In a huge victory today, U.S. District Judge Donald Molloy restored Endangered Species Act (ESA) protections for Yellowstone's iconic grizzly bears.
Judge Molloy issued his ruling in a case brought by the Greater Yellowstone Coalition in the federal district court in Montana. NRDC and six other conservation organizations, represented by Earthjustice, have a similar case pending in the federal district court in Idaho.
In today's ruling, Judge Molloy found that the U.S. Fish and Wildlife Service (FWS) violated the Endangered Species Act when it removed Yellowstone grizzlies from the endangered species list in 2007. As such, Judge Molloy vacated the 2007 delisting rule and reinstated federal endangered species protections for grizzlies in the Greater Yellowstone Ecosystem.
In his decision, Judge Molloy focused on two ways in which FWS's 2007 rule violates the Endangered Species Act: (1) the lack of adequate regulatory mechanisms put in place to protect Yellowstone's grizzlies after the removal of ESA protections and (2) FWS's failure to appropriately consider the loss of whitebark pine seeds as a food source for Yellowstone grizzlies.
Regarding the lack of adequate regulator mechanisms, the court found:
The majority of the regulatory mechanisms relied upon by [FWS] - the Conservation Strategy, Forest Plan amendments, and state plans - depend on guidelines, monitoring, and promises, or good intentions for future action. Such provisions are not adequate regulatory mechanisms when there is no way to enforce them or to ensure that they will occur. Furthermore, the Service does not explain how various other laws and regulations will protect the grizzly bear population. The Service did not comply with the ESA in its consideration of the adequacy of existing regulatory mechanisms for purposes of delisting.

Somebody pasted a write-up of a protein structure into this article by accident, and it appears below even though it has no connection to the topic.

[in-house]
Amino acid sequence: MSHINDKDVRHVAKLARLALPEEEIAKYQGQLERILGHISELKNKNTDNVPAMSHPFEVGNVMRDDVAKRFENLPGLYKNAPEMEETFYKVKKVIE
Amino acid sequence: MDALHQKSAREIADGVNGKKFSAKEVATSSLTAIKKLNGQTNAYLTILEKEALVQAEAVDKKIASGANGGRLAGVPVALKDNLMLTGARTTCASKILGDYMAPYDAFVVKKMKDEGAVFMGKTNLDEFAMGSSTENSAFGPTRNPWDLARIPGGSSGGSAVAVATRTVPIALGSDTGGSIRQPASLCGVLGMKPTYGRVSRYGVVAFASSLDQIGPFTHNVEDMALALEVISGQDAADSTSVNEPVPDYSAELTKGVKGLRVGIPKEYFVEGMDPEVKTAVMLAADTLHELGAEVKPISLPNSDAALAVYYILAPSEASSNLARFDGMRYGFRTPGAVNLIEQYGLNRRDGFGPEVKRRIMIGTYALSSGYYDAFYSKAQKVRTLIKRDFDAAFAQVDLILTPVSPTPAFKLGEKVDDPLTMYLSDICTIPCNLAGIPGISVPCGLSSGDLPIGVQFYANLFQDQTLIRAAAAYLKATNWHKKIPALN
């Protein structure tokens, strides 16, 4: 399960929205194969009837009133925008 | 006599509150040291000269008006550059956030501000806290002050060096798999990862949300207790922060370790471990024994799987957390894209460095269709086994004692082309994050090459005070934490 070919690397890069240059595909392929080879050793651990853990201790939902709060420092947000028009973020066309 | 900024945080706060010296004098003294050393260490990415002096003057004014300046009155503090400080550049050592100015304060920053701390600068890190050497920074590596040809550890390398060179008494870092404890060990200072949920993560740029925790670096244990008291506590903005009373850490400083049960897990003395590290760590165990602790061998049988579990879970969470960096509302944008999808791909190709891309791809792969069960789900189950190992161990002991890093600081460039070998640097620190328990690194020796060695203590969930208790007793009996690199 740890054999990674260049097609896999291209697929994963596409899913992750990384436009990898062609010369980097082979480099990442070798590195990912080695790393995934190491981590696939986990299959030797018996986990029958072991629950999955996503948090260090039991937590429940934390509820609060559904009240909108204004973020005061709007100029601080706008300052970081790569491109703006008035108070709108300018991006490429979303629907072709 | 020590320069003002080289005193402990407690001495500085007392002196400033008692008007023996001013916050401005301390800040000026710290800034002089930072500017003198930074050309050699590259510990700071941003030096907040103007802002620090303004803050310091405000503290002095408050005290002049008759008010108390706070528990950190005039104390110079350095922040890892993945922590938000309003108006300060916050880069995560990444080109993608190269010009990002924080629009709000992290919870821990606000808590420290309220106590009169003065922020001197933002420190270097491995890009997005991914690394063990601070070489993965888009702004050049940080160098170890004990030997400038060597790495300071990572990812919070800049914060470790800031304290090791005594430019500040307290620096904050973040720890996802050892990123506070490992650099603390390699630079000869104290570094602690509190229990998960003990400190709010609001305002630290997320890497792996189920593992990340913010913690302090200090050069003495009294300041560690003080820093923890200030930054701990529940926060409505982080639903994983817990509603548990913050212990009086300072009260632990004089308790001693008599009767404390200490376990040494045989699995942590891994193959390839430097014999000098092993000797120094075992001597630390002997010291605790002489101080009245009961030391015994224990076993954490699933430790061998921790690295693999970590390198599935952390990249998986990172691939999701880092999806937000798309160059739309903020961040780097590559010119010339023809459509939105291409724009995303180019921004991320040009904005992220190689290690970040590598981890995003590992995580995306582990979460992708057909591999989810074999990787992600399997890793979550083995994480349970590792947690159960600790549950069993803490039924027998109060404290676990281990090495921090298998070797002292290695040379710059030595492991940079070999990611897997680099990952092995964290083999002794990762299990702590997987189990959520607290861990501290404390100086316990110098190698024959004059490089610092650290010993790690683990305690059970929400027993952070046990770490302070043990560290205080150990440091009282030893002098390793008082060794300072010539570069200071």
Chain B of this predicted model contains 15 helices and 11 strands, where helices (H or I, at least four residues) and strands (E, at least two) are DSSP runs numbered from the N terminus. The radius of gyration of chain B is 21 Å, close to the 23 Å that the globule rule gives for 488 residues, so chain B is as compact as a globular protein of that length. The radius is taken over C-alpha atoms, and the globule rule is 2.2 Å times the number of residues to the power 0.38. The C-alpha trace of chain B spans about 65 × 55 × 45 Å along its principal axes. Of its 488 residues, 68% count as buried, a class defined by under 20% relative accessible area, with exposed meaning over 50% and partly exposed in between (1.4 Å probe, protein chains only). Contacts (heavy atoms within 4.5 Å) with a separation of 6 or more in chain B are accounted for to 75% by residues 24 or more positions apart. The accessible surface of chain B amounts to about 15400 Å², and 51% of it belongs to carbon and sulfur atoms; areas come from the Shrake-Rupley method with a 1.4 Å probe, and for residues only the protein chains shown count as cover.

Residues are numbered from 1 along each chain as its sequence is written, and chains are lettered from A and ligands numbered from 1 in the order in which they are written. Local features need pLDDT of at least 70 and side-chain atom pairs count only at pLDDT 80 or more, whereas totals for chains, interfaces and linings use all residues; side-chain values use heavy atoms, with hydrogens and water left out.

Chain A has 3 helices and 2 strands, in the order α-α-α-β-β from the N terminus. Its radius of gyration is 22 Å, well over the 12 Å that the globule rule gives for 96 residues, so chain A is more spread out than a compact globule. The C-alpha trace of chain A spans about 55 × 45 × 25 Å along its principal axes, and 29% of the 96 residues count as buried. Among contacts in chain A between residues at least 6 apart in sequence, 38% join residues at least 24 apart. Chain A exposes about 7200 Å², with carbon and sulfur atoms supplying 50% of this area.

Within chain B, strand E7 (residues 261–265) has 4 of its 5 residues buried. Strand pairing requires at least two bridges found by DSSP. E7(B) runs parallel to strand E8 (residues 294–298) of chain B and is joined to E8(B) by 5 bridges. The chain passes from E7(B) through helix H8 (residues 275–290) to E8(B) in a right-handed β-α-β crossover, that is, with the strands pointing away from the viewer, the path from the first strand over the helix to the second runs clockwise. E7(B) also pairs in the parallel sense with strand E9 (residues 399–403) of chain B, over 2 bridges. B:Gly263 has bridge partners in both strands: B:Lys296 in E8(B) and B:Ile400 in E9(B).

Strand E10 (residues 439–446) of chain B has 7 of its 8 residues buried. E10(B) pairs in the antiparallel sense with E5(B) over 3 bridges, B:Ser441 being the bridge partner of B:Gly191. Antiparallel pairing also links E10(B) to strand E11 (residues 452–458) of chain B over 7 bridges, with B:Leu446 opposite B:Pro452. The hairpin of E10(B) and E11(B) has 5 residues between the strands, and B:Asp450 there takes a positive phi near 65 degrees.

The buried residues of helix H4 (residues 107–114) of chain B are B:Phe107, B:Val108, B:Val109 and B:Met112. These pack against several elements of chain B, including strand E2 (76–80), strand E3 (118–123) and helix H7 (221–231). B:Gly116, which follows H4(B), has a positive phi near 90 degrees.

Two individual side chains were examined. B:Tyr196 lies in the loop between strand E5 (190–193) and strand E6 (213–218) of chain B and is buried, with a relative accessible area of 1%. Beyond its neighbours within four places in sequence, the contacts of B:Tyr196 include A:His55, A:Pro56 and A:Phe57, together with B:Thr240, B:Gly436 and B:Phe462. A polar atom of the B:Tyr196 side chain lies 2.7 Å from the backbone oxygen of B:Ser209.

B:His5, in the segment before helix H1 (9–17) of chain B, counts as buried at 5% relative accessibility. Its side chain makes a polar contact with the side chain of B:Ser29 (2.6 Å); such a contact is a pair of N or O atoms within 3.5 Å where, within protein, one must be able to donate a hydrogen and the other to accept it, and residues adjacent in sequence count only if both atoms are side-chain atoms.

And as for FWS's failure to consider the negative effects the loss of whitebark pine trees will have on Yellowstone's grizzlies, Judge Molloy concluded:
[FWS] has not articulated a rational connection between the best available science and its conclusion that bears will not be affected by declines in whitebark pine because they are omnivorous. While the Final Rule emphasizes that grizzly bears will be able to adapt to the decline of whitebark pines, the record contains scant evidence for this proposition. . . . The science relied on by [FWS] does not support its conclusion that declines in the availability of whitebark pine will not negatively affect grizzly bears. In fact, much of the cited science directly contradicts [FWS's] conclusions.
The court's ruling underscores the havoc global warming is wreaking on the planet's plants and animals. The tragic demise of whitebark pine trees in the Northern Rockies is primarily caused by mountain pine beetles, which are thriving in a warming climate. And since Yellowstone's grizzlies rely heavily on whitebark pine seeds as a food source, the loss of whitebark pine will have catastrophic effects on the region's grizzly bears.
The great news for grizzlies in the Greater Yellowstone Ecosystem, however, is that Judge Molloy listened to the scientists (who say a major problem for Yellowstone grizzlies is brewing with the loss of whitebark pine) and not FWS (who tried to downplay the loss of whitebark pine by pretty much saying, "No worries -- the grizzlies will adapt").
Lovers of Yellowstone's grizzly bears all over the world should breathe a deep sigh of relief with today's ruling, but the heavy lifting of dealing with the myriad threats facing Mother Grizz still remains.
So while we at NRDC will enjoy a soothing deep breath today, we'll be ready to roll up our sleeves tomorrow and get back to work protecting the legendary grizzlies of Yellowstone.